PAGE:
# Backpropagation simply explained

During my studies, I attended a few classes in which the backpropagation algorithm was explained. Unfortunately it was not very clear, notations and vocabulary were messy and confusing. As a result, many students ended up saying it is a complicated algorithm. In fact, it is pretty simple and this is all the more surprising when you know that it now fuels so many real-world applications. This article simply aims to explain backpropagation as simply as it should be with the minimum one requires to understand it.

Let’s consider a multi-layer perceptron modelled by a function \(\nn_{\vec{\theta}}\), where \(\vec{\theta}\) denotes all the parameters of the network (weights and biases). Training this network consists in learning from a training dataset a set of parameters \(\vec{\theta}\) such that the resulting network has the desired behaviour. The training dataset is composed of pairs \(\left\lbrace (\vec{x}^{(i)}, \vec{y}^{(i)})~\vert 1 \le i \le n \right\rbrace\), where for each \(i\), \(\vec{y}^{(i)}\) is the known desired output of input \(\vec{x}^{(i)}\). The performance of the network is evaluated with an error/cost function defined as

\[E: \vec{\theta} \mapsto \frac{1}{n} \sum_{i=1}^n L(\nn_{\vec{\theta}}(\vec{x}^{(i)}), \vec{y}^{(i)}),\]where \(L\) is the loss function such that \(L(\nn_{\vec{\theta}}(\vec{x}^{(i)}), \vec{y}^{(i)})\) measures the discrepancy between the desired output $\vec{y}^{(i)}$ and the actual output \(\nn_{\vec{\theta}}(\vec{x}^{(i)})\) computed by the neural network \(\nn_{\vec{\theta}}\). Common loss functions are the square error (for regression) or the negative log-likelihood (for classification). The training is then cast into the minimisation of \(E\), which is usually carried out by a variant of the **gradient descent algorithm**. Let’s consider the three layers displayed in the following figure.

The output of neuron \(j\) of layer \(l\) is given by

\[h_j^l = \varphi(z_j^l) = \varphi \left( \sum_i w_{ij}^l h_i^{l-1} + b_j^l \right),\]where \(\varphi\) is the activation function of the neurons.

The vanilla gradient descent algorithm specifies that the update rule of the weight \(w_{ij}^{l}\) connecting the neuron \(i\) of layer \(l-1\) and the neuron \(j\) of layer \(l\) is given by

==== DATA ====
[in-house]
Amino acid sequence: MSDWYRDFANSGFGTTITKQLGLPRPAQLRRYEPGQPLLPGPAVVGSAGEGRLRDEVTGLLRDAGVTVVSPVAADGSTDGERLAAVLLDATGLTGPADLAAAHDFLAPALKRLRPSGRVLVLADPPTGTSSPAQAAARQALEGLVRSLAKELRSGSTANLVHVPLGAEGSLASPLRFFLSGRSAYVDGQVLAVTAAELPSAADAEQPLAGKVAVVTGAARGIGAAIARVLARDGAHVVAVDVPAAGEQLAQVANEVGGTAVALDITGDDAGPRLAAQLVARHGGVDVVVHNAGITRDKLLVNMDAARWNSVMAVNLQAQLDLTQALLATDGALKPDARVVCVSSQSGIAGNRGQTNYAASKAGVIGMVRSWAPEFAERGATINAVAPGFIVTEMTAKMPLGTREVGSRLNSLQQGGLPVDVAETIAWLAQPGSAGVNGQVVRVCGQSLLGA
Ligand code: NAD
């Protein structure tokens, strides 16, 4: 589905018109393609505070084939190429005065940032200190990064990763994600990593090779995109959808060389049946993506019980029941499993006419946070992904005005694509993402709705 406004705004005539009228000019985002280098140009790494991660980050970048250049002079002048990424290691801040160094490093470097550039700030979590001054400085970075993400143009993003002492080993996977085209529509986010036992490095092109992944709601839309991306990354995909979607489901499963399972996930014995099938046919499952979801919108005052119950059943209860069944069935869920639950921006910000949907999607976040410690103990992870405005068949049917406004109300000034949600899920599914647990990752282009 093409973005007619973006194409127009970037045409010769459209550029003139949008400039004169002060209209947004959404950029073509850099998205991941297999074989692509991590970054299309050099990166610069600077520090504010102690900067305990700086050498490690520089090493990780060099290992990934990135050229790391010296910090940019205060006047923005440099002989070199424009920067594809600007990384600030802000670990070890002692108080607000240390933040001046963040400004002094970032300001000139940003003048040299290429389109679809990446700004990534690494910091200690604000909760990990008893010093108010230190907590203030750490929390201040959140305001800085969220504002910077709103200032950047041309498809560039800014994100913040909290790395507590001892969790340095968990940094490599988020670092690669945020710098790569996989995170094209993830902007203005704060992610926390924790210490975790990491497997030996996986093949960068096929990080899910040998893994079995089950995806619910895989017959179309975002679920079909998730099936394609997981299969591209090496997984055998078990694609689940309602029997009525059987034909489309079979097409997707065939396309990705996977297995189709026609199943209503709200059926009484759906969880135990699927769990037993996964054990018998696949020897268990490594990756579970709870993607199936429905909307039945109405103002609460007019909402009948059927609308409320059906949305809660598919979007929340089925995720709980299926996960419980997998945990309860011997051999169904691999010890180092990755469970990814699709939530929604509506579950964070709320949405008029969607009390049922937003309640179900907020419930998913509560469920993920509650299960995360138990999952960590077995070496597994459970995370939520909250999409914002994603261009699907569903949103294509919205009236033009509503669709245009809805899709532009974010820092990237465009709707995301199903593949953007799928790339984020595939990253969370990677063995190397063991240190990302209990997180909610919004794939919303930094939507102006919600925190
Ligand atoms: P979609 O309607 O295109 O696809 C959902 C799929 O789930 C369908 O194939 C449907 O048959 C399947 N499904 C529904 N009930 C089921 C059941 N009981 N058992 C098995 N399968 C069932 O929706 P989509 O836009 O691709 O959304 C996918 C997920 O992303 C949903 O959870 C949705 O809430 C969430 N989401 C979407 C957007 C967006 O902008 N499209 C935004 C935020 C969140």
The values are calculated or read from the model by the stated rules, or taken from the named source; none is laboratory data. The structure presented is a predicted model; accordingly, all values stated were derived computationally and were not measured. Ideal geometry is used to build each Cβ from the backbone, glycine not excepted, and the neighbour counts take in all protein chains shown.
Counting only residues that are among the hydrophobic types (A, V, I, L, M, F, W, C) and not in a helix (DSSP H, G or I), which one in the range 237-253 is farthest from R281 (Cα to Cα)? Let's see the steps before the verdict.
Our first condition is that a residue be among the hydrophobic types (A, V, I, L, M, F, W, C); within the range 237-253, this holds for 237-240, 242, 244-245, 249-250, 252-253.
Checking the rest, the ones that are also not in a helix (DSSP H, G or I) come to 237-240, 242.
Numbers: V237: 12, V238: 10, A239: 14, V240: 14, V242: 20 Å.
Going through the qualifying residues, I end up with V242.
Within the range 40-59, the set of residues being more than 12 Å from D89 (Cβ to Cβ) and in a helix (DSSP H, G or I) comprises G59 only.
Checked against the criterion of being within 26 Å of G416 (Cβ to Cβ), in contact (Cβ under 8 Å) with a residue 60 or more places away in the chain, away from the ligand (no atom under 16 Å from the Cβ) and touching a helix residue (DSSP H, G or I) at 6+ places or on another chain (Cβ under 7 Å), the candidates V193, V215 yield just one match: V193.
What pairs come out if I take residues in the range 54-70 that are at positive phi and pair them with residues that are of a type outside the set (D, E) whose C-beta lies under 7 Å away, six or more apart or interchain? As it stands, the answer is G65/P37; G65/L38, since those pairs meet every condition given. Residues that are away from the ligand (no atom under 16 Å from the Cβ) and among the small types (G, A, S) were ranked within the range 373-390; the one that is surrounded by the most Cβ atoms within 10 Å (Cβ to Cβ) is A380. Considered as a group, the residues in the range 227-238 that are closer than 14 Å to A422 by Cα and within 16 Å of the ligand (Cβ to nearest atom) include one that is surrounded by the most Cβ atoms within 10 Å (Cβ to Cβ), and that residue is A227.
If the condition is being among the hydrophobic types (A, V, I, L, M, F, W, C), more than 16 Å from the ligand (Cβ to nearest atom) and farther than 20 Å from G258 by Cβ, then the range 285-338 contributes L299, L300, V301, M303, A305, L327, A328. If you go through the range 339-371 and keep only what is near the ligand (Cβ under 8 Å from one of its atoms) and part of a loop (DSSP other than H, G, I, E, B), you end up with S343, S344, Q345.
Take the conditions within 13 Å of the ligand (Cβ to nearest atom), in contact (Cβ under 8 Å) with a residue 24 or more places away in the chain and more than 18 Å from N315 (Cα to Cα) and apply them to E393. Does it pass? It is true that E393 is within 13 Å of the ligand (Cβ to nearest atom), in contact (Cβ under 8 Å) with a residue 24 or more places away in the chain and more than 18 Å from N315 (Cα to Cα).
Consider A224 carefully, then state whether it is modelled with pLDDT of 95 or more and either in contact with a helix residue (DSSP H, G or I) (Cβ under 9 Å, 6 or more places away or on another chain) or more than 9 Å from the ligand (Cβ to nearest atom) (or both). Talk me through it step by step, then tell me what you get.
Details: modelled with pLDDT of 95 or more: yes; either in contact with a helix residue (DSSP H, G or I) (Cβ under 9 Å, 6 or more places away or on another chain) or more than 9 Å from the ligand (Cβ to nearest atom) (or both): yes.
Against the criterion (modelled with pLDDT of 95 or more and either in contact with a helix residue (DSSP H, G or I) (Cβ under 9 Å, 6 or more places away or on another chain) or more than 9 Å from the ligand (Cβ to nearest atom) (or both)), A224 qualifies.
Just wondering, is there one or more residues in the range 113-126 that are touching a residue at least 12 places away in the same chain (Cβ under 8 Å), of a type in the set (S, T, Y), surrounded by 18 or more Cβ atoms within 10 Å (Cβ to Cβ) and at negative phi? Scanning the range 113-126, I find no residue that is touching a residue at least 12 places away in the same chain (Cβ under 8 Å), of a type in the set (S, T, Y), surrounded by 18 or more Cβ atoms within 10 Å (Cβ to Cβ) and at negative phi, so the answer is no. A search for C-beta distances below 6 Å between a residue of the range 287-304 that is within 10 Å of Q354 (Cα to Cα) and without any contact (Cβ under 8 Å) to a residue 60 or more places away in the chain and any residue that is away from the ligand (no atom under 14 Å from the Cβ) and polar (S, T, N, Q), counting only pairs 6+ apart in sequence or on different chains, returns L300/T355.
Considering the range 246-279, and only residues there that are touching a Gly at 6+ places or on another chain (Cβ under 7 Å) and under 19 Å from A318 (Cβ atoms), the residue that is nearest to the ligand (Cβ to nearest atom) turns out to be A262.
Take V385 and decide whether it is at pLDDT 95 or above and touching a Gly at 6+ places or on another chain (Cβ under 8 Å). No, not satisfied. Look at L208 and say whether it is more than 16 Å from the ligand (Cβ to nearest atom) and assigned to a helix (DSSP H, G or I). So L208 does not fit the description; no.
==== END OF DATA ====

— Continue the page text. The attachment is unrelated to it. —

\[\Delta w_{ij}^{l} = -\alpha \pder{E}{w_{ij}^l},\]where \(\alpha\) is a scalar parameter called the learning rate. So far we have just spoken of gradient descent and it is only now that we introduce the term of **backpropagation** of the gradient, which is simply an algorithm to compute the gradient \(\pder{E}{w_{ij}^l}\). It is based on the chain rule, the univariate and the multivariate versions.

where \(\delta_{j}^l = \pder{E}{z_{j}^l}\) is known as the error of neuron $j$ of layer \(l\) and is computed by applying the multivariate chain rule:

\[\begin{align*} \delta_{j}^l = \pder{E}{z_{j}^l} &= \sum_{k} \pder{E}{z_{k}^{l+1}} \pder{z_{k}^{l+1}}{z_{j}^l} && \text{multivariate chain rule}\\ & = \sum_{k} \delta_k^{l+1} \pder{z_{k}^{l+1}}{h_{j}^{l}} \pder{h_{j}^{l}}{z_{j}^l} && \text{chain rule}\\ & = \sum_{k} \delta_k^{l+1} w_{jk}^{l+1} \varphi'(z_{j}^l) && \text{as }z_k^{l+1} = \sum_k w_{jk}^{l+1} h_j^{l} + b_k^{l+1} \text{ and } h_j^l = \varphi(z_j^l)\\ & = \varphi'(z_{j}^l) \sum_{k} \delta_k^{l+1} w_{jk}^{l+1} \end{align*}\]Therefore, by computing \(\vec{\delta}^{l+1}\) at layer \(l+1\), we can compute \(\vec{\delta}^{l}\) at the previous layer $l$. Starting from the output layer, the process is repeated until the input layer is reached. This iterative update to compute the gradient of $E$ with respect to all the weights is known as the backpropagation algorithm. Since \(E\) is non convex (except when there is no hidden layer), gradient descent will likely fall into a local minimum. The important question is to find a suitable local minimum, where the resulting network generalize well to new examples.

Note that the gradient descent algorithm refers to an optimisation algorithm to minimize a differentiable function while the backpropagation algorithm is the procedure to compute the gradient of the error with respect to any weights of a neural network. However, abusively, it is common to refer to the whole process (gradient descent + backpropagation) as backpropagation.

### Matrix form

When implementing backpropagation, it is important to write the computations in a matrix form so that efficient matrix multiplication algorithms can be used. \(\vec{h}^{l}\) and \(\vec{\delta}^l\) are row vectors, \(\vec{W}^{l}\) is a matrix. We then have:

\[\Delta \vec{W}^{l} = -\alpha \left(\vec{h}^{l-1}\right)^T \vec{\delta}^l,\]with

\[\vec{h}^l = \varphi \left( \vec{h}^{l-1} \vec{W}^l + \vec{b}^l \right),\]and

\[\vec{\delta}^l = \varphi'(\vec{z}^l) \odot \vec{\delta}^{l+1} \left(\vec{W}^{l+1}\right)^T.\]